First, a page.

And so the other day I was on Delivery Suite where I saw a midwife who I think is amazing both in attitude and professionalism. And I told her, in front of the Midwife-In-Charge how fantastic I thought she was. So I was so please to get a Tweet in the evening from the person I had complimented which said: “All it takes are a few kind words. Thank you @revdavesouthall You made my day so much better!” And guess what, that made me feel better too.
And a few days after spending some time with a family whose loved one was dying I received a lovely thank you card. “Dear David, your prayers, support and compassion for our Dad deserve a ‘Thank You’. We felt that the comfort and peace you gave us will have been felt by him, as us, in a tangible way. Also your kind words were appreciated.”
Kindness is a much under-estimated virtue. It can change people’s emotions. And any of us who deal with people, in whatever sphere of work, would do well to reflect on this. Kindness isn’t trendy or showy or loud. But kindness can have an impact far beyond its short utterance. Words matter because, as the song says: “Words are all we have.” And kind words matter a lot.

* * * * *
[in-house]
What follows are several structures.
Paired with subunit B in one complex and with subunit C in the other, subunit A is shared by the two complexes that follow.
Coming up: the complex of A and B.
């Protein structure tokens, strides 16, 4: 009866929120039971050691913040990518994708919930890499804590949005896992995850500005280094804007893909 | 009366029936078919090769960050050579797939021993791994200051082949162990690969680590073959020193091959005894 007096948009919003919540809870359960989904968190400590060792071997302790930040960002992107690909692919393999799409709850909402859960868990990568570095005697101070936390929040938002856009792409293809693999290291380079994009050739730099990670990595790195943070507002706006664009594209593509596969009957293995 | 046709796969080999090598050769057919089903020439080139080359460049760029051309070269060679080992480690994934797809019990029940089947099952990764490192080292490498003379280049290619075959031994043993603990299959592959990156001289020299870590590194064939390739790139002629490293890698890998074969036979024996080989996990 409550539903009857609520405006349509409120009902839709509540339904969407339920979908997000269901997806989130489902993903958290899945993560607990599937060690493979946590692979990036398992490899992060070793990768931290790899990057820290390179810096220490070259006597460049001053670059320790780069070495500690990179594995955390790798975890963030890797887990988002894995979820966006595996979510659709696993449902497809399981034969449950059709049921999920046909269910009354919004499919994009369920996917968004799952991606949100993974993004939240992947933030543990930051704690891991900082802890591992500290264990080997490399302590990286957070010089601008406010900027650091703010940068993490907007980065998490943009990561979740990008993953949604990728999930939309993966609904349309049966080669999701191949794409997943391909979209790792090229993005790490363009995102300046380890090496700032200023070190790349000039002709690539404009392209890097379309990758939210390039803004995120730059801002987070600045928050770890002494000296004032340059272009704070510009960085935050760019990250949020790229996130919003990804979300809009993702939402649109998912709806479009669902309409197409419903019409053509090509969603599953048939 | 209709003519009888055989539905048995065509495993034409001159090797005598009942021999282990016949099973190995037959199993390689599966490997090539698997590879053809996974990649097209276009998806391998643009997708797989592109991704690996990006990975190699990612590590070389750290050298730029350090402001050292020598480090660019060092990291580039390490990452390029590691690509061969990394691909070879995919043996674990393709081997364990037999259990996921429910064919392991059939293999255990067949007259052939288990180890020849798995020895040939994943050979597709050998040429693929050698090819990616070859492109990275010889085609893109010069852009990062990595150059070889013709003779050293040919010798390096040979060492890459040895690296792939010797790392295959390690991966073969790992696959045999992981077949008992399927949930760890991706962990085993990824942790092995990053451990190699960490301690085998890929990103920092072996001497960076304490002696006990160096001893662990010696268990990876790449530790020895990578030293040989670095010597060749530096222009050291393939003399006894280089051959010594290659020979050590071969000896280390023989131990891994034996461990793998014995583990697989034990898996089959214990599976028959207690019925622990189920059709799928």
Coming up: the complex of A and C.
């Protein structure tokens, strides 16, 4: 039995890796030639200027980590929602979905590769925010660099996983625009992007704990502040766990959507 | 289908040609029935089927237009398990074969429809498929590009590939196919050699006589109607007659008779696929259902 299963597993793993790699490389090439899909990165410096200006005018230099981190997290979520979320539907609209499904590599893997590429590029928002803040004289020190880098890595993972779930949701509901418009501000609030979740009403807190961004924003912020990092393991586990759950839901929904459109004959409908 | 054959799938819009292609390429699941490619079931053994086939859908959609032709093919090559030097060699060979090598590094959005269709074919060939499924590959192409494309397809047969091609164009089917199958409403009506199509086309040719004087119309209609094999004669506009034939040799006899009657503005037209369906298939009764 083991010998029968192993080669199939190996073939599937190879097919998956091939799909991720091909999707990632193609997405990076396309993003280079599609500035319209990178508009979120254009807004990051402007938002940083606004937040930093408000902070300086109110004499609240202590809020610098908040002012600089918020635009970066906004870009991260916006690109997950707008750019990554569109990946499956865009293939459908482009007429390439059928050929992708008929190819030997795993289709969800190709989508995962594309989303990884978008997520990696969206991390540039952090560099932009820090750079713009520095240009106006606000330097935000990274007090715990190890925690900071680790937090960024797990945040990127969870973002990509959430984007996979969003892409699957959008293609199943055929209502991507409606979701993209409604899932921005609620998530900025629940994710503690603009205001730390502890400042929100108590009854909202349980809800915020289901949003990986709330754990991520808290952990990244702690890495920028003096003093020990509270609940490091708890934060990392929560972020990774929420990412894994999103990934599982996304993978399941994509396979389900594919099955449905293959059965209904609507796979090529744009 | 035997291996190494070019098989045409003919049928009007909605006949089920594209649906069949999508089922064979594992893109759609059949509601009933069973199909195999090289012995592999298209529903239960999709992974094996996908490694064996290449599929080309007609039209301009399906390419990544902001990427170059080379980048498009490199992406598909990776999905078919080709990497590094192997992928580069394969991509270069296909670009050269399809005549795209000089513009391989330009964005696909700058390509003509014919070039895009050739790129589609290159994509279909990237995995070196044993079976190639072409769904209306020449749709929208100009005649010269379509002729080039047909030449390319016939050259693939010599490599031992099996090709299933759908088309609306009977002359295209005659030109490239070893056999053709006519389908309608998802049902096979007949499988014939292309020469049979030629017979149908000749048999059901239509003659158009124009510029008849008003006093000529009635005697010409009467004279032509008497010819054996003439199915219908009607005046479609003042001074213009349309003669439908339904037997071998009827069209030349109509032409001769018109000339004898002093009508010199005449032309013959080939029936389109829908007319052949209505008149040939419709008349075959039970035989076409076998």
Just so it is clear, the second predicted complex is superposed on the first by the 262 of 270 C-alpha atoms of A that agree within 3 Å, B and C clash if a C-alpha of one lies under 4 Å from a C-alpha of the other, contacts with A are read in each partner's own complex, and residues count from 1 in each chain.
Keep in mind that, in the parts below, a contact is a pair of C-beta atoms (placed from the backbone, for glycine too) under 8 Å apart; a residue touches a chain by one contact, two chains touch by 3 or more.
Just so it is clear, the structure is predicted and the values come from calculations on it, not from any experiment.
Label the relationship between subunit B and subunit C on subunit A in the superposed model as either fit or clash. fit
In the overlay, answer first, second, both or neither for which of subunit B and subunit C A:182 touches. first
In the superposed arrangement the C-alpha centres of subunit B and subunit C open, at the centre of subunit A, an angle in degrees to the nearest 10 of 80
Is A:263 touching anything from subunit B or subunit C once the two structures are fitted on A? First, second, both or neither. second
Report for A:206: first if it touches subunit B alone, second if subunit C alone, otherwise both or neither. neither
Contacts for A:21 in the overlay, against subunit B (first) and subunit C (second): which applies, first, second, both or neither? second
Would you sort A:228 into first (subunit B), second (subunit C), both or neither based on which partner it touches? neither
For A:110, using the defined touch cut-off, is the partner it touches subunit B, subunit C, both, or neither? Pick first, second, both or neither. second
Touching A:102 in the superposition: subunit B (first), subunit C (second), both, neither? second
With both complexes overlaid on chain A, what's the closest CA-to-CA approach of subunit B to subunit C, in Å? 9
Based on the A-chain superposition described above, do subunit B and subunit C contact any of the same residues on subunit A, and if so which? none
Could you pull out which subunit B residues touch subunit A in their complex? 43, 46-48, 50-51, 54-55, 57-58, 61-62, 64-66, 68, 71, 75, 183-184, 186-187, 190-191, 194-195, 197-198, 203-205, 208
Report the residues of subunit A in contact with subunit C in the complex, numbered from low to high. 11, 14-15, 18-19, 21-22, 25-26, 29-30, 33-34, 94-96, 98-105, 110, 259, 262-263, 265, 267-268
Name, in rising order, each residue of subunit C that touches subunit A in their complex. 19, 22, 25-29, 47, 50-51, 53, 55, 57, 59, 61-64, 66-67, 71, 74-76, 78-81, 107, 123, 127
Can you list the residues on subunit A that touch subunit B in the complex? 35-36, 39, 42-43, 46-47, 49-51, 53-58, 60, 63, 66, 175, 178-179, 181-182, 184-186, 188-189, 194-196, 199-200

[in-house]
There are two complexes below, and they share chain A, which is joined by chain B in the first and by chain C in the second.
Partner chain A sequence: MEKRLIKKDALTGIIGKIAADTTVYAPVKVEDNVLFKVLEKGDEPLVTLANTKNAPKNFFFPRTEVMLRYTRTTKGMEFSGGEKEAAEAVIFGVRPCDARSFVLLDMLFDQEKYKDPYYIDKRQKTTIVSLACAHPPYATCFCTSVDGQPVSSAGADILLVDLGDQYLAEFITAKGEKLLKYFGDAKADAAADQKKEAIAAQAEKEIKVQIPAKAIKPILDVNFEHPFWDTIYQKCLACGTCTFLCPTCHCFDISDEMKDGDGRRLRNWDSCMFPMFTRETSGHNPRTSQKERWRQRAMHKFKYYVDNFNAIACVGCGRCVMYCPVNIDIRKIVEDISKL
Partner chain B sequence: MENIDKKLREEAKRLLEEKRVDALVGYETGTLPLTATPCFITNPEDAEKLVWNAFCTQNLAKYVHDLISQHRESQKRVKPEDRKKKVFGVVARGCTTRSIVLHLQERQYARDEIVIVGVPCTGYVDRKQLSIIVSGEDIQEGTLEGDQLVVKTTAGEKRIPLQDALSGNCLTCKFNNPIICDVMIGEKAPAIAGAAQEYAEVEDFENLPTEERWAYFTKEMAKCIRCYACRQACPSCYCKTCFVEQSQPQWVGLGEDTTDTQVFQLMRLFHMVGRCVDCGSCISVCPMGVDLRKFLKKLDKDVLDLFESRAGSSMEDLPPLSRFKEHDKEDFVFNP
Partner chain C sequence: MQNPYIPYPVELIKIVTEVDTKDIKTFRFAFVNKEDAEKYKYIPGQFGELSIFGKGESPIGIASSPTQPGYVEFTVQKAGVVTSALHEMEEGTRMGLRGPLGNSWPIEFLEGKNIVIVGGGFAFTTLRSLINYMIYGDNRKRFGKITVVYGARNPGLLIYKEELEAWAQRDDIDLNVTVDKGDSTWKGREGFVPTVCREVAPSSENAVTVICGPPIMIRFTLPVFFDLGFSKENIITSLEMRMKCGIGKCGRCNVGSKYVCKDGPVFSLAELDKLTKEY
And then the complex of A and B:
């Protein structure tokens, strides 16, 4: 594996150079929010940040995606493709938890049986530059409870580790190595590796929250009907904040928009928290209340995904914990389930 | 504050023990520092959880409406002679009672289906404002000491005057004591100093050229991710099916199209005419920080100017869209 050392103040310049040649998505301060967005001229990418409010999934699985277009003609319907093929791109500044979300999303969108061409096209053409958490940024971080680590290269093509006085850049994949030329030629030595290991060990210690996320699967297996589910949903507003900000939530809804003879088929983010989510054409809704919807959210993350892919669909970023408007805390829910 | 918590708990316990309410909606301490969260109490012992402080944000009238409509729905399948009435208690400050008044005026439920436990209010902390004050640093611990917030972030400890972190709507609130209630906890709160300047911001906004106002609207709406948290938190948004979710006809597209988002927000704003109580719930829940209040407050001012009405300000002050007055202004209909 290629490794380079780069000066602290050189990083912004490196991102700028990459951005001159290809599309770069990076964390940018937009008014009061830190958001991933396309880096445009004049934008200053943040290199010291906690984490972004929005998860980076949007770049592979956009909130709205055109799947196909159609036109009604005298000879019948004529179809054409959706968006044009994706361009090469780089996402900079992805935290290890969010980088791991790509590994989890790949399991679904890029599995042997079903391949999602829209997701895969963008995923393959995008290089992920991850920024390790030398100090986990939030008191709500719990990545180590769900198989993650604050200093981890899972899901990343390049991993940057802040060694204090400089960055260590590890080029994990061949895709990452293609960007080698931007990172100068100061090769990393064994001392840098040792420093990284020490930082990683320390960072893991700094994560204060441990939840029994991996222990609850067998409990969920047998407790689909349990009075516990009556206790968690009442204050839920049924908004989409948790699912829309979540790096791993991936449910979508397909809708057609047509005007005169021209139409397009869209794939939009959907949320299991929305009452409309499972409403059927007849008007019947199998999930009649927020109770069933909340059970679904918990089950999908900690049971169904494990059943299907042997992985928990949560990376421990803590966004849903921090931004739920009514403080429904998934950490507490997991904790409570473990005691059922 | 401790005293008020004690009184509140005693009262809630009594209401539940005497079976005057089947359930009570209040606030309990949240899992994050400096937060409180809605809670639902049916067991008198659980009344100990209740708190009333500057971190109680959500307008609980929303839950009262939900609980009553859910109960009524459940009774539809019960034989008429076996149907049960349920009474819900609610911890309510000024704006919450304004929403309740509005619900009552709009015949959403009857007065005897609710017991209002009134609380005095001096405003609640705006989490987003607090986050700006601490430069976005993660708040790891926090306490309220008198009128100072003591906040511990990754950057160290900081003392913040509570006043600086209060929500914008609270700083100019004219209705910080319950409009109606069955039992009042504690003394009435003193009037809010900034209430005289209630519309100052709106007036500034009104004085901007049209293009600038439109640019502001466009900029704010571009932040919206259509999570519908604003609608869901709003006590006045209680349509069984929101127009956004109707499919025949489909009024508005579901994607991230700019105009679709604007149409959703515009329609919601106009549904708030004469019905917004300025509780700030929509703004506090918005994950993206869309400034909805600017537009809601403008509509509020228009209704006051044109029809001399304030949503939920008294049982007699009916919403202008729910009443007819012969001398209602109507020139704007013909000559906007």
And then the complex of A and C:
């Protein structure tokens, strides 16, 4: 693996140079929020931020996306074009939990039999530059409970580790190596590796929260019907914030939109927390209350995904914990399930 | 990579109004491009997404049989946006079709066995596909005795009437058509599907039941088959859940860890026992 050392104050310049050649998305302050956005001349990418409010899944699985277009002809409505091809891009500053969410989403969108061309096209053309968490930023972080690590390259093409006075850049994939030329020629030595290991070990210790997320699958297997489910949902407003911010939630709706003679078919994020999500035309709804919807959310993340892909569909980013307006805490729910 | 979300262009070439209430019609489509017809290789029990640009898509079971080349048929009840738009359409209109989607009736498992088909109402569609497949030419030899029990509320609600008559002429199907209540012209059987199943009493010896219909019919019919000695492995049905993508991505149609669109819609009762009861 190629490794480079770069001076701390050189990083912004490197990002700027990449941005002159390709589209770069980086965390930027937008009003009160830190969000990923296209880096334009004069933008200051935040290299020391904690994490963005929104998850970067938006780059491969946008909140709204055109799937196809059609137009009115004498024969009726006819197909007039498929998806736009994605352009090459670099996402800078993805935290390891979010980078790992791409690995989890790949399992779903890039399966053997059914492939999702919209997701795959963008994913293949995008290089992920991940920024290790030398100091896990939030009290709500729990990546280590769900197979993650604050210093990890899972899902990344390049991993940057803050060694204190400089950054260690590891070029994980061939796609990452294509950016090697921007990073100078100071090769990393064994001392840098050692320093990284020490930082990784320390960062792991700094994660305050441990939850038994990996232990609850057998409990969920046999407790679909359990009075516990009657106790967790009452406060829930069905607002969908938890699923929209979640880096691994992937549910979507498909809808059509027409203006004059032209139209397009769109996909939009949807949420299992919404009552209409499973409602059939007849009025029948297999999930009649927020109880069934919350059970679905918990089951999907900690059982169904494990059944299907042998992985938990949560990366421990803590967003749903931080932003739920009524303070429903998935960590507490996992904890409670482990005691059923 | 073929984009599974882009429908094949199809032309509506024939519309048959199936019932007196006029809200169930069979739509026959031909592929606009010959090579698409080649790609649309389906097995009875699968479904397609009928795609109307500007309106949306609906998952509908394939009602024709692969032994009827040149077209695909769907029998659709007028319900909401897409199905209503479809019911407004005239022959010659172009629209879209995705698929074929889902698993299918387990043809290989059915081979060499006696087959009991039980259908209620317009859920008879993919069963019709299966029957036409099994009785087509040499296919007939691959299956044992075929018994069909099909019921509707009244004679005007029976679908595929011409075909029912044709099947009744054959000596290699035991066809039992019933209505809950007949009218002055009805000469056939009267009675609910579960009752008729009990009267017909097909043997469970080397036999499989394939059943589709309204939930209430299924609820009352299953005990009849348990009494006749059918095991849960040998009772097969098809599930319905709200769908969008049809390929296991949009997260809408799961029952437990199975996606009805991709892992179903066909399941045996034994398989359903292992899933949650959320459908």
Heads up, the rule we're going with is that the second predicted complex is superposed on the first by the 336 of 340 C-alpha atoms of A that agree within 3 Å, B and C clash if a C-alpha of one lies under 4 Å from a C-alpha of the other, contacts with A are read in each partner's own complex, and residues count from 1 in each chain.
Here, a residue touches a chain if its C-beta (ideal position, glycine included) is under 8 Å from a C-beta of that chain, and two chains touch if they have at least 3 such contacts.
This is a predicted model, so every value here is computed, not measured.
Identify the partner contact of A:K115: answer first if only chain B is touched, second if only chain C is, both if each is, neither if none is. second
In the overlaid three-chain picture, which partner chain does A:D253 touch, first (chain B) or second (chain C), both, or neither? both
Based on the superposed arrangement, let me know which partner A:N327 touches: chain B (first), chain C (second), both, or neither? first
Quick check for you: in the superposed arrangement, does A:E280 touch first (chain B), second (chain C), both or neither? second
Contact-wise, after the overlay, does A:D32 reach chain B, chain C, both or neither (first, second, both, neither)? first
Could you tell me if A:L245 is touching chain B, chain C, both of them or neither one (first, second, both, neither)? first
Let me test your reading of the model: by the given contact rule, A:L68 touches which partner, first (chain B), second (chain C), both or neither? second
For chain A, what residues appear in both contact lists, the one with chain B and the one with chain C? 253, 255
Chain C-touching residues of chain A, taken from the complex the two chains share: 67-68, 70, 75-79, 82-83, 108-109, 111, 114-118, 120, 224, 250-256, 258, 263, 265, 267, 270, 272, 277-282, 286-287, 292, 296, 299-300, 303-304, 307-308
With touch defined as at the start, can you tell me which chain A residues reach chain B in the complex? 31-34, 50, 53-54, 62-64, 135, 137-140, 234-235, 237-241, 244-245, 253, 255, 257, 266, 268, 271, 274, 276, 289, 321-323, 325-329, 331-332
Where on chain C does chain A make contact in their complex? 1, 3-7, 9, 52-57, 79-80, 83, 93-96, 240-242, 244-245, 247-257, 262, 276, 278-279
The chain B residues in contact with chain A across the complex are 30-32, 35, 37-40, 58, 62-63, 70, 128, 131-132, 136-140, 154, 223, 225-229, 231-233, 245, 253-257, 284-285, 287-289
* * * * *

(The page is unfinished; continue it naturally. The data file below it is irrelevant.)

Of course we shouldn’t just speak kind words to get some praise back. But we should say them because they are true – and then let them work their way and do their good in the mystery of the cosmos. As Mother Teresa reminds us: “Kind words can be short and easy to speak, but their echoes are truly endless.”
So the Kings fund satisfaction survey has found that patient satisfaction has levelled out at 61% for 2012 following a fall from 70%, in 2010, to 58% in 2011.
But is a survey of 1,100 people (who may or may not be patients themselves) an important barometer of the NHS. It seems unlikely to me. Look at some of the comments on the BBC News Website.
“I think NHS is doing good job despite hard times. Patients should also learn to manage their expectations. I personally wouldn’t be bothered with substandard food and other comforts as long as NHS provides there core service which is Medical care to acceptable standard. And I think people who complain have not seen what bad care really is.”